Today I am so pleased to welcome Edale Lane to Joyfully Jay. Edale has come to talk to us about her latest release, Sigrid and Elyn. She has also brought along a great giveaway. Please join me in giving her a big welcome!

Sigrid and Elyn Banner


Shieldmaidens: Fantasy or Reality?

Shieldmaidens are depicted in Scandinavian folklore and mythology, and women hold prominent positions among the Norse gods, from Freya to Hel to the Valkyries. But were there ever real warrior women taking part on the battlefield? Archeology suggests there were. 

While historians often put more store in written histories than spoken ones, many important civilizations of the past had no written languages and went to great lengths to preserve their sagas through oral traditions. Professionals whose job it was to preserve knowledge of significant people, places, and events, memorized and passed on the stories to their students, and yet we understand not they could keep every detail exact. However, the same can be said of recorded chronicles before the printing press, when those performing the handwritten copies could have made changes, either accidentally or by design, from the originals. 

Norse sagas include many strategic women, including a shieldmaiden called Hervor, who defies the expectations of her gender from an early age. Preferring archery and sword-fighting to sewing and homemaking, she grows up to sail the high seas, fight, and pillage alongside the men. Also, medieval scholar Saxo Grammaticus describes in his Danish History Viking women who “dressed themselves to look like men and devoted almost every instant of their lives to the pursuit of war.” Despite his account, historians of the 18th, 19th, and even 20th centuries took stories of valiant female warriors among the armies of the north with a grain of salt, often discounting them altogether.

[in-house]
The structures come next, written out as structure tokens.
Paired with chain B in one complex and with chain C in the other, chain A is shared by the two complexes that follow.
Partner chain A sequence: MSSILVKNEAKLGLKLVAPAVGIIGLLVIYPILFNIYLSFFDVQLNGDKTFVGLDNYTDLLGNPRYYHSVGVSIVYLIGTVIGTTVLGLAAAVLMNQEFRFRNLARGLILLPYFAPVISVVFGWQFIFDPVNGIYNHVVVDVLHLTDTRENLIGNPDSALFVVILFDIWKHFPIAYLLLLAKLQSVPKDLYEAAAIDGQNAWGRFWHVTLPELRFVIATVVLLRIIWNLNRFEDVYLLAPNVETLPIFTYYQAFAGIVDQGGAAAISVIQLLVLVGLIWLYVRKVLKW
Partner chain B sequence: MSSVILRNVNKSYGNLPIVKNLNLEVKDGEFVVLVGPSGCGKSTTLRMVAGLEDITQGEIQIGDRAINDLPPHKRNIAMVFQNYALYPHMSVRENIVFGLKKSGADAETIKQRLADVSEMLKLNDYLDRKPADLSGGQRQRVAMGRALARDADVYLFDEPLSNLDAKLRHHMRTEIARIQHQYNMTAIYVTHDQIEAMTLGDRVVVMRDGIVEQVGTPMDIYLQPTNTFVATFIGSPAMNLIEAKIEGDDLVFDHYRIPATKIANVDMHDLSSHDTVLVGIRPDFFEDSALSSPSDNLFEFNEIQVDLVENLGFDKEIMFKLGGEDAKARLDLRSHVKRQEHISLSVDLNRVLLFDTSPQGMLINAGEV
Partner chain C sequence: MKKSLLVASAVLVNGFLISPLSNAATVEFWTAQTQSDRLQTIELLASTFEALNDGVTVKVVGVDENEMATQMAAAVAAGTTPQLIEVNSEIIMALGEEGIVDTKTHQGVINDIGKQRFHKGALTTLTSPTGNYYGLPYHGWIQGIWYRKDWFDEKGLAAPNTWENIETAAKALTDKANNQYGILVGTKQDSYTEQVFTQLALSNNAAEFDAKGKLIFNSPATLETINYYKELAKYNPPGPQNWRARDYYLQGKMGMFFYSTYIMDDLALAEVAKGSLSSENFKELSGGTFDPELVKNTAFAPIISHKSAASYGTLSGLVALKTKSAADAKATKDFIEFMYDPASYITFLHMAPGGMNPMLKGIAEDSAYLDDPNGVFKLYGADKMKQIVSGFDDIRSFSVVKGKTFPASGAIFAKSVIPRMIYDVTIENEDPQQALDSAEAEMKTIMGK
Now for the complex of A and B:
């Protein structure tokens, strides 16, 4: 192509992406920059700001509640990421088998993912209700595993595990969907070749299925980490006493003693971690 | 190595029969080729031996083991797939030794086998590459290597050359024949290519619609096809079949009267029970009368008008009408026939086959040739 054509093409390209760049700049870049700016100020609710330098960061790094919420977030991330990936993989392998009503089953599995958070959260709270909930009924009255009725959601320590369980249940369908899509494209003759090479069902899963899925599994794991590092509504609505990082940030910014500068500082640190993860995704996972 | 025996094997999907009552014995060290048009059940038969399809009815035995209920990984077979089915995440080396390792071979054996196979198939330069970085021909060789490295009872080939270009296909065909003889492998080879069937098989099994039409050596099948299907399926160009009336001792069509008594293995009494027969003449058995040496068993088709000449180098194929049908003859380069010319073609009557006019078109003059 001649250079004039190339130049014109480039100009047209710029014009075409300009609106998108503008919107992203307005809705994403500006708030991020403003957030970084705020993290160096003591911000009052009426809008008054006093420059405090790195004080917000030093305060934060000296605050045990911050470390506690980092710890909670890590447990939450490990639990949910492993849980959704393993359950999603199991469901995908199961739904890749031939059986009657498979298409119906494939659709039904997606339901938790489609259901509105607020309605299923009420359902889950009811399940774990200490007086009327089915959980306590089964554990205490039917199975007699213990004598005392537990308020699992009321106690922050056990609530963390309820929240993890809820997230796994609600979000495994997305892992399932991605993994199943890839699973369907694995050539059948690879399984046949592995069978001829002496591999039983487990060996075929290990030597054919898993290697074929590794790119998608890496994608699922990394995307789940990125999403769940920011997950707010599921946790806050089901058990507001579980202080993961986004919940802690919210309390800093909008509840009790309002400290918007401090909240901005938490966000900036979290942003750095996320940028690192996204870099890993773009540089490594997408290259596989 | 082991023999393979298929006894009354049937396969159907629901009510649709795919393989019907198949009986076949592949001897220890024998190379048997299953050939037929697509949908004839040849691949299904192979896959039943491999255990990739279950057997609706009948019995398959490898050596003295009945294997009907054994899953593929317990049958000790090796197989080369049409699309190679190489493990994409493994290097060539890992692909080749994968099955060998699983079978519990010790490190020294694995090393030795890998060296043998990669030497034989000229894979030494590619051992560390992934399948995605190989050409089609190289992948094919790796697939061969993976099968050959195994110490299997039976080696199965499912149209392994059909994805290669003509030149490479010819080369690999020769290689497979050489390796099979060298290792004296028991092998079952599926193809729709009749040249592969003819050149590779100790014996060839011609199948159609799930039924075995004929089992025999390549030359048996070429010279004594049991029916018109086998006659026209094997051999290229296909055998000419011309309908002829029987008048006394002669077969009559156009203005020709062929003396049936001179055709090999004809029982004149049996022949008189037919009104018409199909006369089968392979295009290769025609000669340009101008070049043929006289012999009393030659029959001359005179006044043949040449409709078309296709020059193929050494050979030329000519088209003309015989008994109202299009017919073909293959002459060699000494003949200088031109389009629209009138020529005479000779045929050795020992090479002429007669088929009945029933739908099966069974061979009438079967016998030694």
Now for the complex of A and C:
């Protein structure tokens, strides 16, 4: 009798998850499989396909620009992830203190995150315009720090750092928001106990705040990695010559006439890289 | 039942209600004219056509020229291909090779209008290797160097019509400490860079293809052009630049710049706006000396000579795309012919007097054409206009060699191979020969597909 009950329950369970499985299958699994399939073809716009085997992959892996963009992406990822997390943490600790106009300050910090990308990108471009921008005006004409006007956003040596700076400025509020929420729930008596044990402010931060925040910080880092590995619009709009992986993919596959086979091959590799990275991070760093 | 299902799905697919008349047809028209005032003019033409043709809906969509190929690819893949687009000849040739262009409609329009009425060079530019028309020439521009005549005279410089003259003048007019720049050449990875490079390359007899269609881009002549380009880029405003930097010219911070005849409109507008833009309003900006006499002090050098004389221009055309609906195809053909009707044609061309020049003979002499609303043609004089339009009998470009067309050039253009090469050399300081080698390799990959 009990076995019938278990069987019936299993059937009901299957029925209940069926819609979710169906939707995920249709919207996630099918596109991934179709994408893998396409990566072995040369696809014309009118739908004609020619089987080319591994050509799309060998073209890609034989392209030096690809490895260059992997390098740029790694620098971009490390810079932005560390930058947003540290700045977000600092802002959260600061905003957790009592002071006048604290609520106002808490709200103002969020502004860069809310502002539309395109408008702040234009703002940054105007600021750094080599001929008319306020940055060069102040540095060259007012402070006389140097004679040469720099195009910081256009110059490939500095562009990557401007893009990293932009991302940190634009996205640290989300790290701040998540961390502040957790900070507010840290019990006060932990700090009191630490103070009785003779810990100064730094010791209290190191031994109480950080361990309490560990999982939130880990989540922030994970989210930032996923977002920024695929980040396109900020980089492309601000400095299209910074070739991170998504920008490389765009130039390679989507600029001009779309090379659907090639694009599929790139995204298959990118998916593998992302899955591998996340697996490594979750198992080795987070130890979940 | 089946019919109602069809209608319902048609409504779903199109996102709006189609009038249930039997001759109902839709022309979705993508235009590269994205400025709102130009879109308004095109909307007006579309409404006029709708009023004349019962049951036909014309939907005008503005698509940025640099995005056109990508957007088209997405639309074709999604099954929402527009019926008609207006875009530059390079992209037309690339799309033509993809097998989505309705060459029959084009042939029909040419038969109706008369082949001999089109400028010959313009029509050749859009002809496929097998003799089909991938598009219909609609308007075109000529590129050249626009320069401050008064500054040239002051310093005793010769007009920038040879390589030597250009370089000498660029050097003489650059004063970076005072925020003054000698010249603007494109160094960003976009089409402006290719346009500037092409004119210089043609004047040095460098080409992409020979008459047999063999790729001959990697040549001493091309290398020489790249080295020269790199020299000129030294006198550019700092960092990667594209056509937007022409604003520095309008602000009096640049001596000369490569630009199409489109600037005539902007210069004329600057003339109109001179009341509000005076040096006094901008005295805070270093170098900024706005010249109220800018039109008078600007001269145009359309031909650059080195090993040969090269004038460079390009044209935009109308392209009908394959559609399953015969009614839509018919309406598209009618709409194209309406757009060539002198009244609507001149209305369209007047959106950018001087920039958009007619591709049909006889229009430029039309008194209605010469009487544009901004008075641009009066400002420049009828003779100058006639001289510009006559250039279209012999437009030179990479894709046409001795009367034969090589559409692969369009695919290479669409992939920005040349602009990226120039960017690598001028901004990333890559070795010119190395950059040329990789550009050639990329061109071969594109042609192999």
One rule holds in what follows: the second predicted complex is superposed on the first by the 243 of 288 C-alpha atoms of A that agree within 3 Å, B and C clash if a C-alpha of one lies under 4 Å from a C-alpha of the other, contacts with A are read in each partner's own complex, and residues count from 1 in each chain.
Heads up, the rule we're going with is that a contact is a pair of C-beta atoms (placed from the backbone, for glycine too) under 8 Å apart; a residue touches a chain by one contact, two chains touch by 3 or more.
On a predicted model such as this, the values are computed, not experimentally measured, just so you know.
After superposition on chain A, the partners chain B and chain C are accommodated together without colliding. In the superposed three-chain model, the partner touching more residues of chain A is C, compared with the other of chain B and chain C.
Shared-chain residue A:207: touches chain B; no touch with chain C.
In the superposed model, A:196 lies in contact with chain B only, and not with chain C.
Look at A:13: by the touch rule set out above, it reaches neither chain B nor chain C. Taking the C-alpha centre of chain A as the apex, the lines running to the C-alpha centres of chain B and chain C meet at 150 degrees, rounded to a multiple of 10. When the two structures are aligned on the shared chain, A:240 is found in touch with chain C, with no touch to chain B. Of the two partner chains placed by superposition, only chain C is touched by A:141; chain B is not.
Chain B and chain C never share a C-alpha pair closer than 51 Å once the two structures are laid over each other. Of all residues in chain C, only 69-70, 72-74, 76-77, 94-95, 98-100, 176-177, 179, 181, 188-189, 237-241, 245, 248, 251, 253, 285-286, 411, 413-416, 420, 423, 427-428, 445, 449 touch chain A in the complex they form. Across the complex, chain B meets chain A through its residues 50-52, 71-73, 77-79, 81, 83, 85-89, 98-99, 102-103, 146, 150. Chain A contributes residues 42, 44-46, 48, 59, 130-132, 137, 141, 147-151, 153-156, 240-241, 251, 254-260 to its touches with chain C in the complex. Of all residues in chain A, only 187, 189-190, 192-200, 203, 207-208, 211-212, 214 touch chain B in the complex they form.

Current archeological evidence, however, is changing many minds about the validity of the tales. A gravesite dating from the 10th century, first discovered in the late 1800s by Hjalmar Stolpe in the town of Birka, an important Viking trading center, gained renown as one of the most elaborate Vikings tombs ever unearthed. The dead hero had been interred with items showing he had achieved elite status, such as shields, an axe, armor-piercing arrows, and two horses. The grave also held a full game-board complete with pieces, suggesting the deceased was no mere soldier, but a leader familiar with military tactics and strategies. Then in 2017, modern forensic analysis, including DNA sampling, proved the bones belonged to a woman. This discovery has led to other findings of women’s bodies buried with swords, spears, or axes which had previously been explained away without regard to the oral histories of the people they applied to. But what does it tell us about women in Viking culture?